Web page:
Thursday, February 7, 2013

Amid eternal snows

I remember.  My dad carefully getting out the radio, fiddling with the antenna, and studiously tuning it to WPRO.  The rapid breathing palpitations of excitement.  "Did you hear it yet Dad?  Did they cancel?!?"  We wanted not one, but two school closings: our own, and Dad's.  He was a teacher.  And it was way cool to have him home.  Also, it doubled our chances of going sledding.

I remember running to the window in the morning, screaming with my siblings, jumping with glee on the couch because it was SNOWING!!! REALLY SNOWING!!  We couldn't wait to go out in it.  We made hot chocolate while we waited, boiled milk in pans and trying not to scald it so you didn't get that gross filmy stuff on top.  We found snowpants, and coats, and complained that we didn't need scarves ("yes you do!!" said mom).  And Mom, Mary stole my favorite gloves!  But we sorted it out quickly, because we needed to go out and "shovel".  We put plastic shopping bags over double socks, slipped on the boots that always seemed to leak, and got out there into wonderland. 

I remember fighting over who got to make the first footprints in the new snow.  I liked to keep some untrodden snow on the lawn, but usually I didn't get my way, even though I was the oldest.  I remember testing the quality of the snow: was it the good snowball packing type, or the sledding type, light and dry and fun to fling in the air.  I remember what it was to be having too much fun to feel cold.  With endless energy and enthusiasm, my brothers, sister, and I shoveled the walk all into an intentional mound, where we would hollow out a fake igloo and tunnels.  We would also shovel the neighbors' walks (yes, they loved us) just so we could bring the snow back to our house, one shovelful at a time, to add to our snow mountain (no, my parents didn't love this as much).  We would hollow it out, make tunnels under the snow, and be out there for hours.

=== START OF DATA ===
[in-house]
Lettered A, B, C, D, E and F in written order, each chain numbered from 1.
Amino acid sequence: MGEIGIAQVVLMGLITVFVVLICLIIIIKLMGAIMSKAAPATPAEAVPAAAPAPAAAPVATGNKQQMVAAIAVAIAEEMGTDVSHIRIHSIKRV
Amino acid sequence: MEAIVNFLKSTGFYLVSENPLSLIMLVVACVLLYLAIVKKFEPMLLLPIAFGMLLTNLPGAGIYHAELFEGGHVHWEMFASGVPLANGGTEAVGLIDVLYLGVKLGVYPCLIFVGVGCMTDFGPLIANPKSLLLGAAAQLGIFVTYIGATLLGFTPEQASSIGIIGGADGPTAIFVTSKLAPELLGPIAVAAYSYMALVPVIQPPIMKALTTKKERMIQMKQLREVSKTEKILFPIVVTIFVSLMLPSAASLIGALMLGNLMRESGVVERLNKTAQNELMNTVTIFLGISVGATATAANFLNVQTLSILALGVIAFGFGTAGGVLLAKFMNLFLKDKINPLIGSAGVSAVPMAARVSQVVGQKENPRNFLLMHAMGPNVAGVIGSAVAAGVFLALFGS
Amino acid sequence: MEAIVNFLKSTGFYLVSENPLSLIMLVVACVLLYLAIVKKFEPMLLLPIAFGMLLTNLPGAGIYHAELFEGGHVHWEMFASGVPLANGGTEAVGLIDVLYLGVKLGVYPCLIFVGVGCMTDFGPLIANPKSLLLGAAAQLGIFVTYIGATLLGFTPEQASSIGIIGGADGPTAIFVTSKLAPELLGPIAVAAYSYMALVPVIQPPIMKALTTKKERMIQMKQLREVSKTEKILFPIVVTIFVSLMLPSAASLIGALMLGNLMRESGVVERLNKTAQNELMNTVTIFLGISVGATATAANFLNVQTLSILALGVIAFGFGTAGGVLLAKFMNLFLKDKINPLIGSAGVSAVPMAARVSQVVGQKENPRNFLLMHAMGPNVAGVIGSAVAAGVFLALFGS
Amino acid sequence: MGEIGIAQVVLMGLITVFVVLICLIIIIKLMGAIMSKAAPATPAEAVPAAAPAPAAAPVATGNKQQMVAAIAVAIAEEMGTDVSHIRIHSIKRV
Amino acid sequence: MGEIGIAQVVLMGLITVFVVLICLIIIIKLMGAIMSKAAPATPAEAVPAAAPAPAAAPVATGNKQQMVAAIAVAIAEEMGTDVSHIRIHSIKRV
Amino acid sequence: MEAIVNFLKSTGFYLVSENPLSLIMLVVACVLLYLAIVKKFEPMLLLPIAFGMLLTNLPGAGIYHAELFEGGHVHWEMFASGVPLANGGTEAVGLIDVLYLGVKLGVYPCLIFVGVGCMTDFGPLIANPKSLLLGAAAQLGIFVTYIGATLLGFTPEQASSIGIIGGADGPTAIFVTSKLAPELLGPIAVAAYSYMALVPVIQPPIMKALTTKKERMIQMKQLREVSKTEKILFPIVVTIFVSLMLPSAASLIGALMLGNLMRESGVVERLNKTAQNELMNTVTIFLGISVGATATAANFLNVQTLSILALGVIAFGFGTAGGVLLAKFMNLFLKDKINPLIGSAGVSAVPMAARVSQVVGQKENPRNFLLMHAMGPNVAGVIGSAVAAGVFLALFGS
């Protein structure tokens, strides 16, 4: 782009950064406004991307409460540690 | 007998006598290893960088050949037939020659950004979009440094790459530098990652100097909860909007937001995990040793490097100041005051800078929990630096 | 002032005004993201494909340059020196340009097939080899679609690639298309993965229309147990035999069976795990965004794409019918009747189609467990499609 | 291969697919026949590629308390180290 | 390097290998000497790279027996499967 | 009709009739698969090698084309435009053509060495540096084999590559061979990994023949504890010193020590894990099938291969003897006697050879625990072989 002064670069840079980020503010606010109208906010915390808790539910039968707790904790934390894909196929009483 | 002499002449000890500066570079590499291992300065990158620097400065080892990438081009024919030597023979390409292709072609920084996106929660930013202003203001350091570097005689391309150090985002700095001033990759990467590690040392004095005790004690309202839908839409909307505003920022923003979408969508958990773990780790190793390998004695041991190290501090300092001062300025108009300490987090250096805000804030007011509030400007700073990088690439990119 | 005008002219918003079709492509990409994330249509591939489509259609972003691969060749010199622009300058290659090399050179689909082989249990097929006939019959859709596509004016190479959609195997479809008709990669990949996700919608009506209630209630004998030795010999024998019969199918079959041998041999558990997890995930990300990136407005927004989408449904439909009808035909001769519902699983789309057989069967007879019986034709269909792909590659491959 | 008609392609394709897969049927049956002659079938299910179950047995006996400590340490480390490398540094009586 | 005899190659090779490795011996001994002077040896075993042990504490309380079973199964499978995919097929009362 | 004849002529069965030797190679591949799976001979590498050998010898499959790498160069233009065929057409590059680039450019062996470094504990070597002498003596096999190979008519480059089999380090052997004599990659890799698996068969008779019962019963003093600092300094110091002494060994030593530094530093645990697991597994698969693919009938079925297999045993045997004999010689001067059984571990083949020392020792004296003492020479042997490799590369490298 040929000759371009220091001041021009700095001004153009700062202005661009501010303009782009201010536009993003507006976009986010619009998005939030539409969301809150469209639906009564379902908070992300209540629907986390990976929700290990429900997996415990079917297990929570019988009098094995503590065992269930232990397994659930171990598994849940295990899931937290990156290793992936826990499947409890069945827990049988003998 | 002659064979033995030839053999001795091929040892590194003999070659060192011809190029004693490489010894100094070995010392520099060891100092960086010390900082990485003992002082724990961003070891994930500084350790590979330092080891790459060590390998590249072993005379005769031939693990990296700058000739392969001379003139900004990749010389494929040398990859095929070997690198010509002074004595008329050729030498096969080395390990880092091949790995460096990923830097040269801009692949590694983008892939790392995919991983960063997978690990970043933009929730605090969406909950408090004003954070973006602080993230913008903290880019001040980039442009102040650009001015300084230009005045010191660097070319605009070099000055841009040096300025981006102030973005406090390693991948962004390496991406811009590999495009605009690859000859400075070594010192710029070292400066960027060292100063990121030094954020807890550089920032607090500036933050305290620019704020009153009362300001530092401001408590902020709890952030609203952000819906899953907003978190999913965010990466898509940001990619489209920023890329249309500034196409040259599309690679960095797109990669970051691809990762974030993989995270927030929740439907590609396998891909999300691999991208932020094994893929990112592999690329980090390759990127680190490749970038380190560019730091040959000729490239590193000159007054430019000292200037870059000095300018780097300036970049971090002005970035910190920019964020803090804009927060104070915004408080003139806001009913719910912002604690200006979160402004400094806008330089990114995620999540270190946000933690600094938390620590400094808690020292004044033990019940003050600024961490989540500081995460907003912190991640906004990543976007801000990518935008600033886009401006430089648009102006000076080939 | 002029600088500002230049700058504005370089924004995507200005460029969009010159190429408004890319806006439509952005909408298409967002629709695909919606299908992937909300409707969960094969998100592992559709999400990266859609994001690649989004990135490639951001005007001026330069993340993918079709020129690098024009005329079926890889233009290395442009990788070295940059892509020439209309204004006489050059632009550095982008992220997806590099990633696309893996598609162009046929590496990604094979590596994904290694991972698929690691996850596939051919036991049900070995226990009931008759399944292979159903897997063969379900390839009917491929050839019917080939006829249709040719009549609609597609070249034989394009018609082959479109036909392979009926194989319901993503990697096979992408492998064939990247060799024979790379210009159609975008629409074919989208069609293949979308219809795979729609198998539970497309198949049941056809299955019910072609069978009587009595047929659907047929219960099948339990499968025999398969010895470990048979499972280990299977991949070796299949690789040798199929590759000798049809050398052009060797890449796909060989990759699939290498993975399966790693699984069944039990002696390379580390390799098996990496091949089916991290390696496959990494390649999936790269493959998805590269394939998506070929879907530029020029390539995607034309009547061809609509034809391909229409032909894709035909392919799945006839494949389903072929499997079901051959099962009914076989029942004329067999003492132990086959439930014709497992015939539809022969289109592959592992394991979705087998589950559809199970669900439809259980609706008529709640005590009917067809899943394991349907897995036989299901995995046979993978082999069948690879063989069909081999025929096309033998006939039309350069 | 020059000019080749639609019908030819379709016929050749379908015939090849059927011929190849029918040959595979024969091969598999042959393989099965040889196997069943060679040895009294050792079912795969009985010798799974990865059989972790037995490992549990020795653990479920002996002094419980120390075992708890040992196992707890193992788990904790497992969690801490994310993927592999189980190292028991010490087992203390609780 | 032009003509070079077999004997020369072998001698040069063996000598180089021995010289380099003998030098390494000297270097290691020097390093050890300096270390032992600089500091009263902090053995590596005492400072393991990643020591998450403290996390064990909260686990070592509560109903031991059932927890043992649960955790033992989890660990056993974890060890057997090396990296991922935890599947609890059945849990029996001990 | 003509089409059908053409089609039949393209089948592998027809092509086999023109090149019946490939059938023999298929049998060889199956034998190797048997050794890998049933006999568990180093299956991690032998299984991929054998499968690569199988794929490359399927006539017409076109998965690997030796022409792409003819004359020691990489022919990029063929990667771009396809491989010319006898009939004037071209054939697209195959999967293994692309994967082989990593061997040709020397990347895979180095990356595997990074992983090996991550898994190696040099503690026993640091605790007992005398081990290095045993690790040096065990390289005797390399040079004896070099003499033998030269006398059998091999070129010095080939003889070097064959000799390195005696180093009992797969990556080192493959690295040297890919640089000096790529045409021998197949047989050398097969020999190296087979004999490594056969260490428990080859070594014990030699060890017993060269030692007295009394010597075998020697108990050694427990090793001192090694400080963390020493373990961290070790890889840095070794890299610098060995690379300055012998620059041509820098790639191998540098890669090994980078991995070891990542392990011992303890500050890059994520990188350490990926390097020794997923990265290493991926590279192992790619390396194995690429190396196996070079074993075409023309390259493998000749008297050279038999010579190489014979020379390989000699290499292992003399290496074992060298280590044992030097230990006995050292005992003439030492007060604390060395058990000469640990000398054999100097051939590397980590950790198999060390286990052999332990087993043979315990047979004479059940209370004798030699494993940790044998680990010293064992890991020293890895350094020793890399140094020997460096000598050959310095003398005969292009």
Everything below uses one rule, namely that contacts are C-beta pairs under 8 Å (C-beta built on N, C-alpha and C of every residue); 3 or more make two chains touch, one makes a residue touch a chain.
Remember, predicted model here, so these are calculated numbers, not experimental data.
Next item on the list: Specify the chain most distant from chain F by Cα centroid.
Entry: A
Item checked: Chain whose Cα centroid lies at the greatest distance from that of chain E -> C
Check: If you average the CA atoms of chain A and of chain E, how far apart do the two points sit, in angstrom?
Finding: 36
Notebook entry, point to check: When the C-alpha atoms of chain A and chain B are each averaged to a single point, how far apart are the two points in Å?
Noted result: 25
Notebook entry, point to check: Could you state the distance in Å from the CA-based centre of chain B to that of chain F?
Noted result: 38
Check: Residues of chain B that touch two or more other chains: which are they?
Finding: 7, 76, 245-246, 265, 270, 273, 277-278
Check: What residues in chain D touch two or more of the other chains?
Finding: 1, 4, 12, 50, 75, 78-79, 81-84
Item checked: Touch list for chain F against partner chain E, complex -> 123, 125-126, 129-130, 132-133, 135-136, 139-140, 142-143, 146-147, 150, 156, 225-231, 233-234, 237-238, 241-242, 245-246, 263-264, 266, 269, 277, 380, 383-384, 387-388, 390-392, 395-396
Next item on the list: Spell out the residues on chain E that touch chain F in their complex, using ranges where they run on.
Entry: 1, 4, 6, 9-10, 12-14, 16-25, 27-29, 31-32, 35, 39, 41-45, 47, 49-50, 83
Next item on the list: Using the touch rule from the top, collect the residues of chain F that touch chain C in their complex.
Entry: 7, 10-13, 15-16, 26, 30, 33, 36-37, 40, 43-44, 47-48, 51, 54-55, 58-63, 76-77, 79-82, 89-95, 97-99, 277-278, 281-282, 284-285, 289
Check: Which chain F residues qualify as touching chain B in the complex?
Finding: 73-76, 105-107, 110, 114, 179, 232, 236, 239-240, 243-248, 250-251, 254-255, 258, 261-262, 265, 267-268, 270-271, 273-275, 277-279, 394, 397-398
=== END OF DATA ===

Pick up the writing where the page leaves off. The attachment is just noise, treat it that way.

Funny, but I don't remember the mess.  The stressful search for winter attire before, and matching gloves, and boots that fit.  The melting dirty snow from boots, the wet mittens, the wet scarves, the wet hats, the wet EVERYTHING after coming in.  I don't remember being worried one bit if our snow structure collapsed on us.  I'm sure I would have been convinced that would have been more fun. 

But I bet my mom remembers, because now, when I hear "snowstorm," I sigh.  Not just while anticipating how much work it takes to get four kids to play happily in snow without frostbite.  But the icy steps, and the sloppy roads, and the feeling of being "trapped." 

We're now under a blizzard warning, and I am not as excited as my soul truly wants to be.  I find myself fretting, "What would we do if I had to get a kid to the ER during a blizzard? What if the power goes out and there's no heat?  What if I find out the hard way the mystery as to why I should have stocked up on milk and bread? What if... what if... "  Meanwhile, my kids and even husband walk around with broad smiles, and talk about "Blizzard Nemo."  (Really weather-namer-people?  Nemo??)

I was born in the blizzard of '78.  My family has been in New England for generations.  I was made to love snow!  So I'm trying to change my negative mindset by remembering that snow is fun, and can make cool structures.  To focus simply on "what is": Snow can make you go fast.  Snow is pretty, frosting the trees, sparkling in the sun and the moonlight.  No two of the trillions of snowflakes that will be falling will be the same, each one reflecting a tiny bit of the beauty of an infinitely artistic Creator. 


I'm remembering too a poem I learned in college, written by an Irish martyr, Joseph Mary Plunkett.  I was always struck by the poet's ability to see aspects of God in all of Creation.  I still have it framed from where it hung in my dorm room:

I see his blood upon the rose
And in the stars the glory of his eyes,
His body gleams amid eternal snows,
His tears fall from the skies.
I see his face in every flower;
The thunder and the singing of the birds
Are but his voice—and carven by his power
Rocks are his written words.
All pathways by his feet are worn,
His strong heart stirs the ever-beating sea,
His crown of thorns is twined with every thorn,
His cross is every tree.

Enjoy the white-out!  :) TLC

1 comment:

  1. The ER thing came to my mind last night, when Kubus woke up coughing and couldn`t settle down.
    I could ski with him to the ER, but will anybody be there? But so far so good! Stay warm and healthy and enjoy the whiteout too!